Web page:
Apart from the discovery of novel transcripts, RNA-seq data can be used to map transcript boundaries, e.g., the ends of 5′ and 3′ untranslated regions, as well as exon/intron boundaries. For eukaryotic microorganisms, this will be extremely useful in combination with de novo genome sequencing since most sequenced genomes can only be annotated automatically, with manual annotation projects being extremely labor- and cost-intensive and therefore restricted to a few select model organisms. This leads to automatically predicted gene models that are often not correct, especially with respect to intron distribution. The inclusion of RNA-seq data in a genome sequencing project allows much better, evidence-based gene predictions during automated annotation without greatly increasing costs. This was the case even for the well-annotated genomes of S. cerevisiae and Schizosaccharomyces pombe (81, 115), and RNA-seq data were also used to improve genome annotation of the filamentous fungus Aspergillus oryzae (110).

To fully exploit the information contained in RNA-seq reads, one has to consider how to identify and map reads that span splice junctions and therefore cannot be mapped directly to the genome sequence. A number of novel algorithms have been developed to deal with this problem, and some of them also allow quantification of mapped reads (see below). This is important when RNA-seq data are to be used for the genome-wide quantitative analysis of gene expression, similar to microarray hybridization data. Among eukaryotic microorganisms, RNA-seq has already been used to quantify gene expression for, e.g., yeasts (81, 115), A. oryzae (110), and the truffle Tuber melanosporum (69). Compared to microarrays, RNA-seq is still more expensive when large numbers of samples need to be analyzed to compare gene expression under multiple different conditions. However, for organisms where no microarrays are currently available or where transcriptomics data are to be used primarily for annotation or general screening purposes, RNA-seq is an attractive alternative. Furthermore, the development of multiplexing approaches where different samples can be sequenced in one sequencing run as well as the steady increase of reads per run and decrease in costs per base will make RNA-seq an important tool for future transcriptomics studies.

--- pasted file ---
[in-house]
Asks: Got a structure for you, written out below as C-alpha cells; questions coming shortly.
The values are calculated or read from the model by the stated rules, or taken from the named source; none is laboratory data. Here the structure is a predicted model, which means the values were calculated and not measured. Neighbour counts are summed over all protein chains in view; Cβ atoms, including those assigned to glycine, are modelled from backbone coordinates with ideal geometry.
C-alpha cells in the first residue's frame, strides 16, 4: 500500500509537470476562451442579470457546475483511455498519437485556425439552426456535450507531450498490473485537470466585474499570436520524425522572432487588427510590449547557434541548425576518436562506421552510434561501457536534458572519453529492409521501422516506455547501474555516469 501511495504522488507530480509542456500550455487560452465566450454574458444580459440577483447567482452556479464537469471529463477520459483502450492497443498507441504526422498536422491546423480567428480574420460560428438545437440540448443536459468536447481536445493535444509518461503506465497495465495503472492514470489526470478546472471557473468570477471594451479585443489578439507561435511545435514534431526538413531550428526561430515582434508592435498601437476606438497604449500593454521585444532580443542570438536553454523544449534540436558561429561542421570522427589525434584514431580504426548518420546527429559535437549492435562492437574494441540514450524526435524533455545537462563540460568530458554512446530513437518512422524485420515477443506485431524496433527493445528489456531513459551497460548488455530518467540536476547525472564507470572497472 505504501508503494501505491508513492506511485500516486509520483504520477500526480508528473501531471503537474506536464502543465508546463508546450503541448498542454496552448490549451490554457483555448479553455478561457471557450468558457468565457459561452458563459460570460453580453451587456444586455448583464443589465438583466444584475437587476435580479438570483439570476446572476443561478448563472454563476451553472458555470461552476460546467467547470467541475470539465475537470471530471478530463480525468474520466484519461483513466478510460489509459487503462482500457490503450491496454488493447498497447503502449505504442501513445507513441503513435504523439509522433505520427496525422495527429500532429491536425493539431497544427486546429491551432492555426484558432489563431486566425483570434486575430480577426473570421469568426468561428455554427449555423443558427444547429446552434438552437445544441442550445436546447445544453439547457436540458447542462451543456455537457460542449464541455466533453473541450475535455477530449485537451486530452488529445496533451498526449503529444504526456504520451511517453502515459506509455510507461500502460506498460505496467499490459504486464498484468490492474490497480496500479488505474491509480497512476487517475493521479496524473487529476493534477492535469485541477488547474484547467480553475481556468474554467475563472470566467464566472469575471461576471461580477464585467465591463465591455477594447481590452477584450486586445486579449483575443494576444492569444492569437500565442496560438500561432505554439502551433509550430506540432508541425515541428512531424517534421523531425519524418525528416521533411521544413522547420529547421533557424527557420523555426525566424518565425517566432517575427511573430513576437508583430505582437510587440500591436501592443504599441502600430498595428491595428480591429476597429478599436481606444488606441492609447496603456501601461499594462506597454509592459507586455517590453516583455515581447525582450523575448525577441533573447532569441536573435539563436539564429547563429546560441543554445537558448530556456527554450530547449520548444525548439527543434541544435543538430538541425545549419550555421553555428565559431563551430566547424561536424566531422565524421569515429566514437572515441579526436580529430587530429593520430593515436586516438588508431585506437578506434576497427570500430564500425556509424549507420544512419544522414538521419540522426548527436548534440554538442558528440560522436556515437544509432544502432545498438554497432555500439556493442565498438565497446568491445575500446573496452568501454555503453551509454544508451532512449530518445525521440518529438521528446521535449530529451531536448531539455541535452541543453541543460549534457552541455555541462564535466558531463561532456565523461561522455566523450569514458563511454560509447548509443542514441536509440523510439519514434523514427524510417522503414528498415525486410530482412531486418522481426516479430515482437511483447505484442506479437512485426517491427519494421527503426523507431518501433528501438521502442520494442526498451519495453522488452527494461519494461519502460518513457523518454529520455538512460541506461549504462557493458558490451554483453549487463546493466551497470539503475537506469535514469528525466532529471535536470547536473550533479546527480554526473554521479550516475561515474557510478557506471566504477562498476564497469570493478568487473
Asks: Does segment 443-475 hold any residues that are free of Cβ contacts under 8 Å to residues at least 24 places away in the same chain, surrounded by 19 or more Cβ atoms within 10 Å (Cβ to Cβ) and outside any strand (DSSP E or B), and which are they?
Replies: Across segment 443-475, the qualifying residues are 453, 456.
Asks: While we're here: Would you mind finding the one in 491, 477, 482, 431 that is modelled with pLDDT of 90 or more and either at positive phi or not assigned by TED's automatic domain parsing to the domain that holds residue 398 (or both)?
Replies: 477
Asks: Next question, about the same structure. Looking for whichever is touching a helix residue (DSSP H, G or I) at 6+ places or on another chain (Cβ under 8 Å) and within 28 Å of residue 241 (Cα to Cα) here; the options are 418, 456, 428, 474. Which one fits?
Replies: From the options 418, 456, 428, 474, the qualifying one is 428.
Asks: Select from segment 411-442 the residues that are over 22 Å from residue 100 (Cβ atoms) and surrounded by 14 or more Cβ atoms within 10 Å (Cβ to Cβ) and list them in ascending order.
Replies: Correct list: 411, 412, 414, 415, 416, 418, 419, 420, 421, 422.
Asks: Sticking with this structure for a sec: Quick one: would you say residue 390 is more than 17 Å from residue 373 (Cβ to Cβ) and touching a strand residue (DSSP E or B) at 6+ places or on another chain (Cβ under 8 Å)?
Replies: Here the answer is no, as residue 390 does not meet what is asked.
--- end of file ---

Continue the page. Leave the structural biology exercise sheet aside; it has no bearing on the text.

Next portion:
RNA-seq can be extended to sequence only specific subsets of RNAs. One example for this is ribosome profiling, a method for quantitatively monitoring those parts of mRNAs that are translated (42). For this purpose, mRNA fragments that are bound by ribosomes and thereby protected from nuclease digestion are isolated, reverse transcribed, and sequenced. Studies with S. cerevisiae indicated that the data obtained by ribosome profiling correlate well with protein abundance as measured with mass spectrometry (42). Thus, RNA-seq and its variants provide a means for detailed, genomewide studies of gene expression at various levels.

BIOINFORMATICS CHALLENGES

As outlined above, NGS can be used for a wide variety of highly interesting and promising experimental approaches, and additional NGS-based applications will certainly be devised within the coming years. However, the most significant hurdle that researchers face with any NGS approach is the analysis of the huge amounts of data generated by these experiments. This starts with the fact that there are currently no unified data formats, moves on to problems associated with de novo assembly or mapping of millions to billions of reads, assembly of spliced transcripts, or quantification of RNA-seq data, and at some point leads to the questions of where and how to store the large files associated with different steps of NGS analysis. These challenges and some solutions will be described in this section.

Data formats.